Prime Minister John Key announced a modernised mental health initiative today aimed at targeting youth through social media.
The $62 million package intends to ensure young people with mental health problems receive better, faster and more modern help.
"We need to lift our game to keep up with these kids, who are quickly adopting new technology like Smartphones or using Twitter and Facebook," said Key.
The Government is setting up a Social Media Innovations Fund to help keep providers of youth services technologically up to date.
Sir Peter Gluckman, the Prime Minister's senior science advisor, said targeting young people online is the key to tackling mental health issues.
"E-therapies are as effective for mild and moderate mental disorders, and in fact much more cost effective and equally as effective as intervention."
Part of the money for the initiative will go towards developing a smartphone app and Facebook programmes.
The initiative also is designed to strengthen support for young people in schools, by adding nurses and specially-trained youth workers into lower-decile schools and establishing programmes to promote positive behaviour in the classroom.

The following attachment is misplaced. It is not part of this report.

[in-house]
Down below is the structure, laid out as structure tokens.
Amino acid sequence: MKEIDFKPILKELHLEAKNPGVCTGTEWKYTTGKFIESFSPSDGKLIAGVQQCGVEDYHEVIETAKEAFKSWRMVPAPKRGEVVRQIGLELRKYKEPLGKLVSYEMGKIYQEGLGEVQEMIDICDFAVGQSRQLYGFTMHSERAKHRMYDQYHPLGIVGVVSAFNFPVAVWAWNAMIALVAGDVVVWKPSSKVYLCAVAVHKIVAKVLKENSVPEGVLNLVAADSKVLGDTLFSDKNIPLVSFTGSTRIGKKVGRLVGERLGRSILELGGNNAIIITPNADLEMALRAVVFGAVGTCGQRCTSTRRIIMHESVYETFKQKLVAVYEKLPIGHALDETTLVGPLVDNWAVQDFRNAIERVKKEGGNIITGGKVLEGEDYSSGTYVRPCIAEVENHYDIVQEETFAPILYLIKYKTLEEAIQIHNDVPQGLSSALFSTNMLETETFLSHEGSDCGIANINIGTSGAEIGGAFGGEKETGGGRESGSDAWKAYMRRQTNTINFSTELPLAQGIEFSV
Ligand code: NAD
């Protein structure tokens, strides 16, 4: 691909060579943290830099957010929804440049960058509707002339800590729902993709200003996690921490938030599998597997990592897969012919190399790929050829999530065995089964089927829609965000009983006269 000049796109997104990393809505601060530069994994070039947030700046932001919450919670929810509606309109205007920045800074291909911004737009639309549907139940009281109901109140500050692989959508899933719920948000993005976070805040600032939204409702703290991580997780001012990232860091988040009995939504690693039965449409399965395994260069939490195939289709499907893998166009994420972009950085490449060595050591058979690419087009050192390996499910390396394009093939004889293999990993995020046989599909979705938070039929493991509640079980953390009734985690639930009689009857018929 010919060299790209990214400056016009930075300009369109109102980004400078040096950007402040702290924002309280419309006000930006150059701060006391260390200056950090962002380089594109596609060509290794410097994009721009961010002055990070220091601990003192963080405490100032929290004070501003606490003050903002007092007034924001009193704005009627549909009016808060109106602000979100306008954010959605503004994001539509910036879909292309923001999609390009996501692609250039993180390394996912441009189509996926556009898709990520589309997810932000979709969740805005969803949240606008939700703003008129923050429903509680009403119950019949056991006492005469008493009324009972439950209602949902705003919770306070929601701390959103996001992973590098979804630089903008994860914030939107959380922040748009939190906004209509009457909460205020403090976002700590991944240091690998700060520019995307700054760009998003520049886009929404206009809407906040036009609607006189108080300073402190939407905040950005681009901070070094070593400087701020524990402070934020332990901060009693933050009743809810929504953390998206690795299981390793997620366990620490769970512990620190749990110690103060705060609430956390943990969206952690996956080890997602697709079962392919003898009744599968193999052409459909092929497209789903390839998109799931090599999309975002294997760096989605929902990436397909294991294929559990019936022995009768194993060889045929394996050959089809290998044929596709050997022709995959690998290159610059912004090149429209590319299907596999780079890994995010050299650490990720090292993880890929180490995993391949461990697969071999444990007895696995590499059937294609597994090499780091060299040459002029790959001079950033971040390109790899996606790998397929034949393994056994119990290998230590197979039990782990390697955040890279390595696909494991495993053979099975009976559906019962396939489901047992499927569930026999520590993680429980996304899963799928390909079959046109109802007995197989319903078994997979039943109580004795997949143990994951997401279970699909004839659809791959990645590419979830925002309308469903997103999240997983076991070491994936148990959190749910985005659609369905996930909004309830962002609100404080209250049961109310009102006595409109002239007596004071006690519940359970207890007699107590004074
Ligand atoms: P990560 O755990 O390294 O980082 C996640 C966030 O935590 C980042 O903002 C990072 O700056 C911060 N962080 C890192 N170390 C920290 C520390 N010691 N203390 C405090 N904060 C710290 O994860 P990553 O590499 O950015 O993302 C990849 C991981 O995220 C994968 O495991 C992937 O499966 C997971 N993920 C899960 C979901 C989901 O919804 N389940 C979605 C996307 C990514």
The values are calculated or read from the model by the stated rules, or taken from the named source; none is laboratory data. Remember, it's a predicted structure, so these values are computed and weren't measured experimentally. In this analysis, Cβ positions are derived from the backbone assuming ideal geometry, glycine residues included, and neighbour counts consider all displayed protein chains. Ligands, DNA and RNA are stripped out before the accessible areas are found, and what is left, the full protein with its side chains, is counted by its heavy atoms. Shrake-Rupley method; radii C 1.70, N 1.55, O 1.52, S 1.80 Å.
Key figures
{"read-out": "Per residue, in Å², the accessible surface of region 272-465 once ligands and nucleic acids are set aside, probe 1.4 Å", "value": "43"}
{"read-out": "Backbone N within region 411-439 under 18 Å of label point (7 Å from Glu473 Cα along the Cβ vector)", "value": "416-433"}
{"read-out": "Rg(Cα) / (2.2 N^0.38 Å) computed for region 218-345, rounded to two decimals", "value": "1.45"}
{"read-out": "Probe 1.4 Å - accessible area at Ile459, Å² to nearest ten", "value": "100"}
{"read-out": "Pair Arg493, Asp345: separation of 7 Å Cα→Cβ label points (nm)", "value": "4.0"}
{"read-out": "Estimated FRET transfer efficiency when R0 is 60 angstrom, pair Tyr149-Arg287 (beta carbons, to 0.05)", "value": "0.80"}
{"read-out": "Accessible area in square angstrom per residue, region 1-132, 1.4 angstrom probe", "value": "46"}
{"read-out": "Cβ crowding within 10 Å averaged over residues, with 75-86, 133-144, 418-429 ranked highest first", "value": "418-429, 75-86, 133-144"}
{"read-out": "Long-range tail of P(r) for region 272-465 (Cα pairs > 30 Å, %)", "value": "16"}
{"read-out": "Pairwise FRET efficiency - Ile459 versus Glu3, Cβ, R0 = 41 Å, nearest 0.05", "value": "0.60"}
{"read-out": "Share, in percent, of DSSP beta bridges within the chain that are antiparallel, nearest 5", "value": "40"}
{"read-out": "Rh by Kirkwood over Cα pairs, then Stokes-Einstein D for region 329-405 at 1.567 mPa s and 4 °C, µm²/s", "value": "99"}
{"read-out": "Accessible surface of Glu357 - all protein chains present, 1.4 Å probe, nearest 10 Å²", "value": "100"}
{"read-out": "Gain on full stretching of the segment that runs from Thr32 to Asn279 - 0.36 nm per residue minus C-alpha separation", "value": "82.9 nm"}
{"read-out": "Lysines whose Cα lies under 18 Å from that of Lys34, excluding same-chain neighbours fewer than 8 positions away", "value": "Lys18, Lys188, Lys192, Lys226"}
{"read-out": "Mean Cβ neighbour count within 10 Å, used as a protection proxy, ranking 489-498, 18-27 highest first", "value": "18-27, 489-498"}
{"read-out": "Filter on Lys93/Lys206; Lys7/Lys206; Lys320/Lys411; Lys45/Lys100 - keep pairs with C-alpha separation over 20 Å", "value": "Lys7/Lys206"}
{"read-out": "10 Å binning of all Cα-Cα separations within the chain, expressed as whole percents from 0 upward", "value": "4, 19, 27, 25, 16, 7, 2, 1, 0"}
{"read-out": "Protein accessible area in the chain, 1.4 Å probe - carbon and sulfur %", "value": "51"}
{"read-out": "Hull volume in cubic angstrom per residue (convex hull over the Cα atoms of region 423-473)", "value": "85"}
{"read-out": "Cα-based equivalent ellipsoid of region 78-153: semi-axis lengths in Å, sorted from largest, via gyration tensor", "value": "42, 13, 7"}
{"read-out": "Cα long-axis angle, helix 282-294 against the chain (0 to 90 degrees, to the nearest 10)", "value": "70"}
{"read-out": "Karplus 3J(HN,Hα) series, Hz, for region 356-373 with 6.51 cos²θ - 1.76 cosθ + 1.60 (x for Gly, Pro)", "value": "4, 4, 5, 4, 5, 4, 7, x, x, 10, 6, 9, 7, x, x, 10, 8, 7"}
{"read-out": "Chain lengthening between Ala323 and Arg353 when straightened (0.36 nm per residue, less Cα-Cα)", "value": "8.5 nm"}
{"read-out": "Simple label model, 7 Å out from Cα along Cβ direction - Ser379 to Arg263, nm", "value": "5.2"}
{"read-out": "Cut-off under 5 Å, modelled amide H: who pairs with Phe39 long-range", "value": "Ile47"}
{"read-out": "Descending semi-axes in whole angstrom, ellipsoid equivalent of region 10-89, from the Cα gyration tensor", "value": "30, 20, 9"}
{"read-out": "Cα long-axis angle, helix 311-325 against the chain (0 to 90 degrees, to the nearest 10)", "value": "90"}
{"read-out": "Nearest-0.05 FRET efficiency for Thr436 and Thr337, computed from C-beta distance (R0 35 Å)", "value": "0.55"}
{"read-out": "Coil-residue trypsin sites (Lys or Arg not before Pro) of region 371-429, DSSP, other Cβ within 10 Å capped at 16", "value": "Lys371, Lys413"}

As well as targeting social media and schools, the package aims to lift funding for primary mental health care and new wait-time targets for the Child and Adolescent Mental Health Service.
Human Rights Commission chief David Rutherford applauded the new initiative, saying the commission has long been concerned with the wellbeing of young people in schools.
"It's a sad reality that violence, abuse, harassment and bullying are pervasive in schools.
Rutherford said the commission will also continue to be vigilant on the issue.
However, Labour associate health spokesperson Iain Lees-Galloway said the Government should be tackling the drivers of mental health.
"The Government would be looking at things like poverty and the drivers of mental illness amongst young people."
Key said the programme will be reviewed in two years to assess its effectiveness.